Robin: A Deep Insight into Robin Williams' Final Days with His Parkinson's Diagnosis
Robin Williams was one of the most gifted comedic actors to grace the big screen. But he was so much more than that to his friends and family. Williams had one of the boldest personalities, often taking on every one of his challenges head-on and accepting what life had thrown at him. The star would overcome every obstacle he had with just a smile while making the most out of it. However, his life took a turn for the worst, which eventually led to the comedian's early end, shocking friends, family, and fans around the world.
His problems began in 2014, while filming the third installment of the Night at the Museum franchise. While on set, Williams noticed that he could no longer remember his lines, which was highly unusual for the man who was known as a hyperverbal. His makeup artist for the film, Cheri Minns, said that the actor was sobbing in her arms at the end of every day of filming because he believed that he was not able to properly do his job. Minns said that she felt overwhelmed because she believed that she wasn't able to provide him the support he needed to get at that time.
In order for him to get out of his rut, Minns suggested for Williams to return to stand-up. However, Williams refused. Minns explained, “He just cried and said, ‘I can’t, Cheri. I don’t know how anymore. I don’t know how to be funny.'”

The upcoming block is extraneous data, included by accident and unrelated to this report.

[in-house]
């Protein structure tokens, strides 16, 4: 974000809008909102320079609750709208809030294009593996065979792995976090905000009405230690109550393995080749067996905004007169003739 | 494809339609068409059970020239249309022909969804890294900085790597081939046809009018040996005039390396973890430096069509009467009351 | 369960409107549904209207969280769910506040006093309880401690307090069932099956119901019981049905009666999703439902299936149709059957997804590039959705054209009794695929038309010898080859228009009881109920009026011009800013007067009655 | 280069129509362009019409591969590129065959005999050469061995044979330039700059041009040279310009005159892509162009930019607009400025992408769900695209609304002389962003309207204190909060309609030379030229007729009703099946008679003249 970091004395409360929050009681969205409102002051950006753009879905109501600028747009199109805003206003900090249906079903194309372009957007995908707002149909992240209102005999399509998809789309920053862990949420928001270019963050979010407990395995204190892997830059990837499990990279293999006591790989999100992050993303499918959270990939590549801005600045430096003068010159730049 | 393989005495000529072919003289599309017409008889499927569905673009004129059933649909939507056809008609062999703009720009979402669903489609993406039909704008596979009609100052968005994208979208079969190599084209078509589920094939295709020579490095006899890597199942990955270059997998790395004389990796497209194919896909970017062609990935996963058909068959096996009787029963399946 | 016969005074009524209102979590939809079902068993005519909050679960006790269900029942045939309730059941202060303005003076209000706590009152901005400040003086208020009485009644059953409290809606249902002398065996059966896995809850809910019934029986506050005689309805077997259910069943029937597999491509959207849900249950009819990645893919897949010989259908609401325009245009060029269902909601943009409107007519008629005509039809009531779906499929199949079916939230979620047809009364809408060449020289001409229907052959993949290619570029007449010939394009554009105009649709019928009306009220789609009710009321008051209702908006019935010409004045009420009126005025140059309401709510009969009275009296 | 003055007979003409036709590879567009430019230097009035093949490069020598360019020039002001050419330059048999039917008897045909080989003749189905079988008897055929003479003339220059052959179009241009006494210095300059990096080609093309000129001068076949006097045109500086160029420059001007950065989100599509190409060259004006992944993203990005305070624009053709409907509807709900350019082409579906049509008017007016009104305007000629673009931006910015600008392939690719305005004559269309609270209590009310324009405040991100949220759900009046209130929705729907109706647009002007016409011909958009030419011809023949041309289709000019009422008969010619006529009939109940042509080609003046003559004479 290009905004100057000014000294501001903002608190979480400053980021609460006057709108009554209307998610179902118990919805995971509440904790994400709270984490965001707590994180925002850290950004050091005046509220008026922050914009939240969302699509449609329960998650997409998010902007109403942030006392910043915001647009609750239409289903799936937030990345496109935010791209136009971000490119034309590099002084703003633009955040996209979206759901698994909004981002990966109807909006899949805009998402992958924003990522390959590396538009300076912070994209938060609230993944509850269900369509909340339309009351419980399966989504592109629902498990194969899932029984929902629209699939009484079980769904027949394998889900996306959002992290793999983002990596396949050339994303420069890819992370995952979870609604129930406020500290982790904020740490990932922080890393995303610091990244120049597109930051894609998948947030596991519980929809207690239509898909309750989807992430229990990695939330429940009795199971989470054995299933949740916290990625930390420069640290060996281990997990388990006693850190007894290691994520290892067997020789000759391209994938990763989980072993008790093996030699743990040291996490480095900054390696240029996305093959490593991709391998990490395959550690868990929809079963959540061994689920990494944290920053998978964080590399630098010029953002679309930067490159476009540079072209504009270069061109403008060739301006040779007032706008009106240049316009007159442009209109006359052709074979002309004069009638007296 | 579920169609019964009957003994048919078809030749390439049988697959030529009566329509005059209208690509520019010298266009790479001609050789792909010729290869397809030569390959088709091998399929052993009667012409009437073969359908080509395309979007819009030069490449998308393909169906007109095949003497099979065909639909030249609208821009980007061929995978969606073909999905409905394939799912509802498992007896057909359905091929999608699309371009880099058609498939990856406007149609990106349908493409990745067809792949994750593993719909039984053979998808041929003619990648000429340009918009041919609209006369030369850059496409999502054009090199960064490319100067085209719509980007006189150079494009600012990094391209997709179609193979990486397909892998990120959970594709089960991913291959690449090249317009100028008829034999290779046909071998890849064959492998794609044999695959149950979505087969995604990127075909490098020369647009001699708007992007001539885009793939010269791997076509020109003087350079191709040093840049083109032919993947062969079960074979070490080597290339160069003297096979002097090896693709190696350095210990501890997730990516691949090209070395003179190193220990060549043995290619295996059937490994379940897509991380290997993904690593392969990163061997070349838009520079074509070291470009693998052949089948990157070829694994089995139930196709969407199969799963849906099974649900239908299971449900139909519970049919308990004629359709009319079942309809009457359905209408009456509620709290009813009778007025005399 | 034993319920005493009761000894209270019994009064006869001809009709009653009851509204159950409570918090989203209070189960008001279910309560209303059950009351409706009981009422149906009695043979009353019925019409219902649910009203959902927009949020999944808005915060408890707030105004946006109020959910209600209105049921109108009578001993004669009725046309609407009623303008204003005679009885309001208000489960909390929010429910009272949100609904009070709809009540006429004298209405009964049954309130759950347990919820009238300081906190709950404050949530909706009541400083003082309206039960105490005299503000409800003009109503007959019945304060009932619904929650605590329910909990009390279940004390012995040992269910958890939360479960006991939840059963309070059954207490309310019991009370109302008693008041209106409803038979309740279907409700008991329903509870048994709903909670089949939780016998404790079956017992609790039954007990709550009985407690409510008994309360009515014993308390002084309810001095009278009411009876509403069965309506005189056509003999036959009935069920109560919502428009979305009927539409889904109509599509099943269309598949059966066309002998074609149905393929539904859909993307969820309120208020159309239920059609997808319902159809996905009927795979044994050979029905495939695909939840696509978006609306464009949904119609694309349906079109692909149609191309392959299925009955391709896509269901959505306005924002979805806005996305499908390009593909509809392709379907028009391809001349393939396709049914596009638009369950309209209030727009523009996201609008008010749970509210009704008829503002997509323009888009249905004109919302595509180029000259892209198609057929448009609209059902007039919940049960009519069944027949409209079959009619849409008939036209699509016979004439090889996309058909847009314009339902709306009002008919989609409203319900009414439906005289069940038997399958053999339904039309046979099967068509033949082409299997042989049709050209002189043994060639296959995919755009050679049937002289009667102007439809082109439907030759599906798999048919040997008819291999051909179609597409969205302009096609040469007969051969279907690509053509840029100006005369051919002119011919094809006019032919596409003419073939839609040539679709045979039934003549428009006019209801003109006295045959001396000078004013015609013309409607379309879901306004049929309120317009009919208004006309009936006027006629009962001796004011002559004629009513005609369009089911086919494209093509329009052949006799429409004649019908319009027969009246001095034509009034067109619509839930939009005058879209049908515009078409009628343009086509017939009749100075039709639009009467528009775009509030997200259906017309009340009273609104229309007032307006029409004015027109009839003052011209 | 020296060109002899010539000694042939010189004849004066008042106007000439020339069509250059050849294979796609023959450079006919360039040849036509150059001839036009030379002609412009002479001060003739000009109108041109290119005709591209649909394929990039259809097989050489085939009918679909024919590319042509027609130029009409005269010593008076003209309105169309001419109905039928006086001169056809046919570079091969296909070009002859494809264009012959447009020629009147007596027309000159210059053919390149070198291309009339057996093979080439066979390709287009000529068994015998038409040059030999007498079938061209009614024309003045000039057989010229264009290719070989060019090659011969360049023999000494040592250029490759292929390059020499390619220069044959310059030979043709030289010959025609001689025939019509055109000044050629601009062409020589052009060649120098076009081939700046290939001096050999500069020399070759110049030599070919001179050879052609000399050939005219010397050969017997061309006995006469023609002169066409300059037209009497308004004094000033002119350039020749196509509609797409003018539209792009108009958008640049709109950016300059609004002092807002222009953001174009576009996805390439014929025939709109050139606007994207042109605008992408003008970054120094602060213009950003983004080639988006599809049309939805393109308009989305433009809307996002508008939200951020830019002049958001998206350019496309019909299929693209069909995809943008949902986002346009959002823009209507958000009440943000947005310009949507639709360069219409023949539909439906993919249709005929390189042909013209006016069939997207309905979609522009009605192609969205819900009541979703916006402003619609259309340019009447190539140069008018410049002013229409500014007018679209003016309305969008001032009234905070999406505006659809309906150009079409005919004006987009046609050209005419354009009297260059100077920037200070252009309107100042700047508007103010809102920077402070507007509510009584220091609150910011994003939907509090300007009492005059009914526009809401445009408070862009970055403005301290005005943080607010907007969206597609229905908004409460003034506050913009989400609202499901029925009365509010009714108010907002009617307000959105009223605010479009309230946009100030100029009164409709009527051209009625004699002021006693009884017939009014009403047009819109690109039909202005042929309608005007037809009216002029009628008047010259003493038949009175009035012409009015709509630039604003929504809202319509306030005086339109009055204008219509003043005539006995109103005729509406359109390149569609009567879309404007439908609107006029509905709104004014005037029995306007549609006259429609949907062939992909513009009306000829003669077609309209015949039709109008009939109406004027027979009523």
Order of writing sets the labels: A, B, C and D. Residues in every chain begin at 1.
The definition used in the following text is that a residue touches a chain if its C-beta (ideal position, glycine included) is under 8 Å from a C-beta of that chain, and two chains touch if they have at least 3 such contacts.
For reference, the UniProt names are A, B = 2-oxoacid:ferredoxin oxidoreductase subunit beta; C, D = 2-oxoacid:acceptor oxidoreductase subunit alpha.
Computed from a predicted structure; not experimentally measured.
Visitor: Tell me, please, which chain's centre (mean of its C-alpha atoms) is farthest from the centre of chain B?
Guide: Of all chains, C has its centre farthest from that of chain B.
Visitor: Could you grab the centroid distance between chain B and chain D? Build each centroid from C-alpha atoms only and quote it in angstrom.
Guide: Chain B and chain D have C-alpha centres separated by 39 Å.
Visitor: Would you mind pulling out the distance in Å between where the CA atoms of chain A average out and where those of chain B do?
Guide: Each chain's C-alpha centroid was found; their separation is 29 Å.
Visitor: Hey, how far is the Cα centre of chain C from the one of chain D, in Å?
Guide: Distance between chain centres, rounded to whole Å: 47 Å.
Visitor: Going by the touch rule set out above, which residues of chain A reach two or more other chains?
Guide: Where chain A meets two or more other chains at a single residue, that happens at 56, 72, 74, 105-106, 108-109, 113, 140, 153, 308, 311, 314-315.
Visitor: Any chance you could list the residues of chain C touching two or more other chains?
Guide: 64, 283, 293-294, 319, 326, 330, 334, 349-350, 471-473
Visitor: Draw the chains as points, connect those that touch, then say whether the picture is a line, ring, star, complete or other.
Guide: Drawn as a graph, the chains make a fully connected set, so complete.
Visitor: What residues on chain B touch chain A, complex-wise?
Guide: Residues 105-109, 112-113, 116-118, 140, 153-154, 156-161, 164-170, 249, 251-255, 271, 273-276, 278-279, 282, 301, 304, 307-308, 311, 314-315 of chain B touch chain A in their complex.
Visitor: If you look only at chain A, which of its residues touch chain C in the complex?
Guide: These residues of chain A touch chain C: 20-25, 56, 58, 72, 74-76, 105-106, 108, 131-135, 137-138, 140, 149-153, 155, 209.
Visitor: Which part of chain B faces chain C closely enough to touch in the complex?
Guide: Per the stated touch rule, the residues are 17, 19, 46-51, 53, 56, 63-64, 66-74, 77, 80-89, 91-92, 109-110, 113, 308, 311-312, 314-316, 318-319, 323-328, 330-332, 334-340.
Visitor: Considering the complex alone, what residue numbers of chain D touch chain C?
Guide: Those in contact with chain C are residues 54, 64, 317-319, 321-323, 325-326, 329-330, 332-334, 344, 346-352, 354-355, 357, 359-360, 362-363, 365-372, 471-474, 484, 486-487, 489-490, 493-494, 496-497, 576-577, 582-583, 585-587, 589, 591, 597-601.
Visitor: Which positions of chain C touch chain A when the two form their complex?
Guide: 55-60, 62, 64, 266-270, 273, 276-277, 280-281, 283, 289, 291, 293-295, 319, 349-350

However, it was so much more than not knowing "how to be funny." At the time, Robin had no idea that he was suffering from a neurodegenerative disease, and that this disease was slowly tearing Williams apart. In Dave Itzoff's biography, Robin, he outlines the star's struggle against the disease and his tragic final days.
Robin Williams was born in Chicago on July 21, 1951. He had a privileged, but lonely childhood, spending most of his time playing with his toys in the attic. He attended Juilliard and eventually made his way West to try his luck in the California comedy scene. His longtime friend Billy Crystal described Robin’s early days as a stand-up comedian as brilliant; the crowds were not ready for his genius on the stage, and he later earned his place as one of the best stand-up artists in San Francisco and Los Angeles.
After his long stand-up career, Robin landed the role of Mork from Ork, on the very popular show “Happy Days” in February 1978. Co-stars say that the role fit him like a glove. His interpretation was so good, that it even earned him a spinoff show, “Mork & Mindy” in spring of 1979, which had over 60 million viewers. By that time, Williams had already become a household name in family sitcoms.
He later became one of the most noticeable faces on the big screen. He earned his first Oscar nomination as a Vietnam radio host in Good Morning, Vietnam in 1987, then went on to land roles in Dead Poets Society (1989), The Fisher King (1991), and Good Will Hunting (1997), which landed him an Oscar.
Photo source: Miguel Baigts